Climate scientist writes for children, and other new books
“Clouds, wind and weather” is the title of Rahmstorf’s book. The scientist took great effort to explain these phenomena, all linked to climate research, to children – quite unusual for someone normally publishing in scientific journals. The German Federal Minister of Science, Annette Schavan, chose it for reading to pupils on the National Reading Day in November. It received praise by “Die Zeit” and other media.
Disruptive events and trends in climate and hydrology are at the centre of “In Extremis”, co-edited by Hans Joachim Schellnhuber, director of PIK, and Jürgen Kropp, head of PIK’s North-South Project. Numerous authors explore issues like – and these are just two chapters - climate risk analysis or intense precipitation and high floods observations and projections.
China is facing many challenges but perhaps none is more pressing than that posed by climate change. “The economics of climate change in China”, a book co-edited by Ottmar Edenhofer, chair of PIK’s research domain Sustainable Solutions, makes the compelling case that a transition to a low-carbon economy is an essential part of China's development and modernisation. It has been selected for the Cambridge University’s top 40 sustainability books.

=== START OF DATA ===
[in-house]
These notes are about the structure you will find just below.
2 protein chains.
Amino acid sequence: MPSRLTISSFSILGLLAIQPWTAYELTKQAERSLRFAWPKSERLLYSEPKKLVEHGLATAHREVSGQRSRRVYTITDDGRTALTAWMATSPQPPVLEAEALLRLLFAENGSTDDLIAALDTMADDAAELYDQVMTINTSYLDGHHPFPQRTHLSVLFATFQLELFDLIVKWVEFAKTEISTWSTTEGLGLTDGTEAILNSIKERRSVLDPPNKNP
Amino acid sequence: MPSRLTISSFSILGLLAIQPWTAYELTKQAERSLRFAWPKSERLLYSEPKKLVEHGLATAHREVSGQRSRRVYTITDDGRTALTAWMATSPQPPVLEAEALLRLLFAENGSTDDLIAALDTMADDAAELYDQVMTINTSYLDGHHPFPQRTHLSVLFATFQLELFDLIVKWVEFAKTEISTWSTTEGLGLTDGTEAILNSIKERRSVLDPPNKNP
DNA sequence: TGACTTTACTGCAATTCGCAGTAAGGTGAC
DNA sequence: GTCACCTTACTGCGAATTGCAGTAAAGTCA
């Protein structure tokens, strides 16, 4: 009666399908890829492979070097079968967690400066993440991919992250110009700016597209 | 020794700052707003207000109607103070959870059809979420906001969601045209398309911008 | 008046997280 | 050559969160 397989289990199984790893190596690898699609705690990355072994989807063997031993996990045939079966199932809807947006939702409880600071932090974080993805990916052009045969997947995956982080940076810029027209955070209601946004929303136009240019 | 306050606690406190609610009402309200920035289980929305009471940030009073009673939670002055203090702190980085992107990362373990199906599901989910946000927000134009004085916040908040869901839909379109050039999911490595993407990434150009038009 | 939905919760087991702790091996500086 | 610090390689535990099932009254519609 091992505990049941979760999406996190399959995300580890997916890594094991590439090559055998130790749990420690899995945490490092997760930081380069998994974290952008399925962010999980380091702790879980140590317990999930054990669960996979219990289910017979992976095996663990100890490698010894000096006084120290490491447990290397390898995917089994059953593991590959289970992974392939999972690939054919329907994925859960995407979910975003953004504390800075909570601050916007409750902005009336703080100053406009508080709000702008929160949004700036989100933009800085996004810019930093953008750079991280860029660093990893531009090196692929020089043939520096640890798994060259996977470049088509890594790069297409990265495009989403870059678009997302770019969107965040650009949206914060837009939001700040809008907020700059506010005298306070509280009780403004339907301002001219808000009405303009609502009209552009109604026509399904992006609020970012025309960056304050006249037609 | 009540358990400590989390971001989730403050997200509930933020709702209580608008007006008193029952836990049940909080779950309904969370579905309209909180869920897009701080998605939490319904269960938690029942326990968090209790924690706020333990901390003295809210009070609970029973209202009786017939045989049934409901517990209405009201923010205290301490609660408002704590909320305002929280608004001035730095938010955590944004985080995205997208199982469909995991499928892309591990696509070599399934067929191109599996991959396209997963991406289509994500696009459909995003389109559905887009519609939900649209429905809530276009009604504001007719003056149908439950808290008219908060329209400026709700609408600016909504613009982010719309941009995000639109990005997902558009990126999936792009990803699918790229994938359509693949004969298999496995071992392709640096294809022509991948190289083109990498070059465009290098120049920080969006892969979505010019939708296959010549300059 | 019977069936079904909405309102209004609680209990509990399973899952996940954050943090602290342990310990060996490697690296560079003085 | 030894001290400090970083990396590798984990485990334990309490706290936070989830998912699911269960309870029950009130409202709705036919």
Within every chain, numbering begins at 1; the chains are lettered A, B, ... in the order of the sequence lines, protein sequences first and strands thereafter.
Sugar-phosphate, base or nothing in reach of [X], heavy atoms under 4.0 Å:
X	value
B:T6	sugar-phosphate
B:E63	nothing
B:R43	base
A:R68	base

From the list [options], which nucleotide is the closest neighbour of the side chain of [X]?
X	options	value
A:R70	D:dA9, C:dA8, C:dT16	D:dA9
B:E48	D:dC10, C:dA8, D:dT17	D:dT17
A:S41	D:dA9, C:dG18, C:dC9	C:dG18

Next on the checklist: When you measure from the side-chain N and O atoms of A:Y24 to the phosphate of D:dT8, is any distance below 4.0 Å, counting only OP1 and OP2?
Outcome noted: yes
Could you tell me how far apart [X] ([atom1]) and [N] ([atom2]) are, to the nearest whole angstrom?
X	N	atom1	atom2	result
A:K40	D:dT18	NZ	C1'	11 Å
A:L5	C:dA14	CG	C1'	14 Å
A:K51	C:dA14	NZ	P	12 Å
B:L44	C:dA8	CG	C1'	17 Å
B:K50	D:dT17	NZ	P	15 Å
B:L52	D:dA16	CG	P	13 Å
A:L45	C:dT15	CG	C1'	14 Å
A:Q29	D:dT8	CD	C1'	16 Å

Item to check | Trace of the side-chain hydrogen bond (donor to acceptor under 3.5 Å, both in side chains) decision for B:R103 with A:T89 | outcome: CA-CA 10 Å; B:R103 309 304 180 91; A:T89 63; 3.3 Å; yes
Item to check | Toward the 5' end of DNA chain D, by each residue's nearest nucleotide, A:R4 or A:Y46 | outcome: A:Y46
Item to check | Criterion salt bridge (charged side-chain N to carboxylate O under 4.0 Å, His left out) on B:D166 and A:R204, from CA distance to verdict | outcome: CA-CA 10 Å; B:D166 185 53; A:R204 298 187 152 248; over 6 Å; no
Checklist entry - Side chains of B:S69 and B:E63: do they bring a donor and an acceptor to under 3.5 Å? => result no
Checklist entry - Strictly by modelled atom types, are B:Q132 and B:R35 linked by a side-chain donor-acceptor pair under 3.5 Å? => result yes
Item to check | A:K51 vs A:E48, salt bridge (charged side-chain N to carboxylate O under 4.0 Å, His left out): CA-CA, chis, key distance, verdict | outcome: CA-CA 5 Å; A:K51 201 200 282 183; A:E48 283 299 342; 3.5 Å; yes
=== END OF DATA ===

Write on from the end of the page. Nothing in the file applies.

“Growth – where to?” is the question posed by Carlo Jaeger in a book of this title. He is co-chair of PIK’s research domain Transdisciplinary Concepts and Methods. His essay on green growth is, in his words, “a short history of the 21st century”. It is part of the publications of the German Council for Sustainable Development, established by the German government.
A book on how religion affects, for better or worse, the international climate change discourse has been co-edited by Dieter Gerten. This is part of PIK’s research domain Climate Impacts and Vulnerabilities´ work on the dynamics of socio-ecological systems. One example for this is the strong influence of religion on US climate policy. The book also covers how indigenous and world religions are transformed by actual climate change and climate change projections.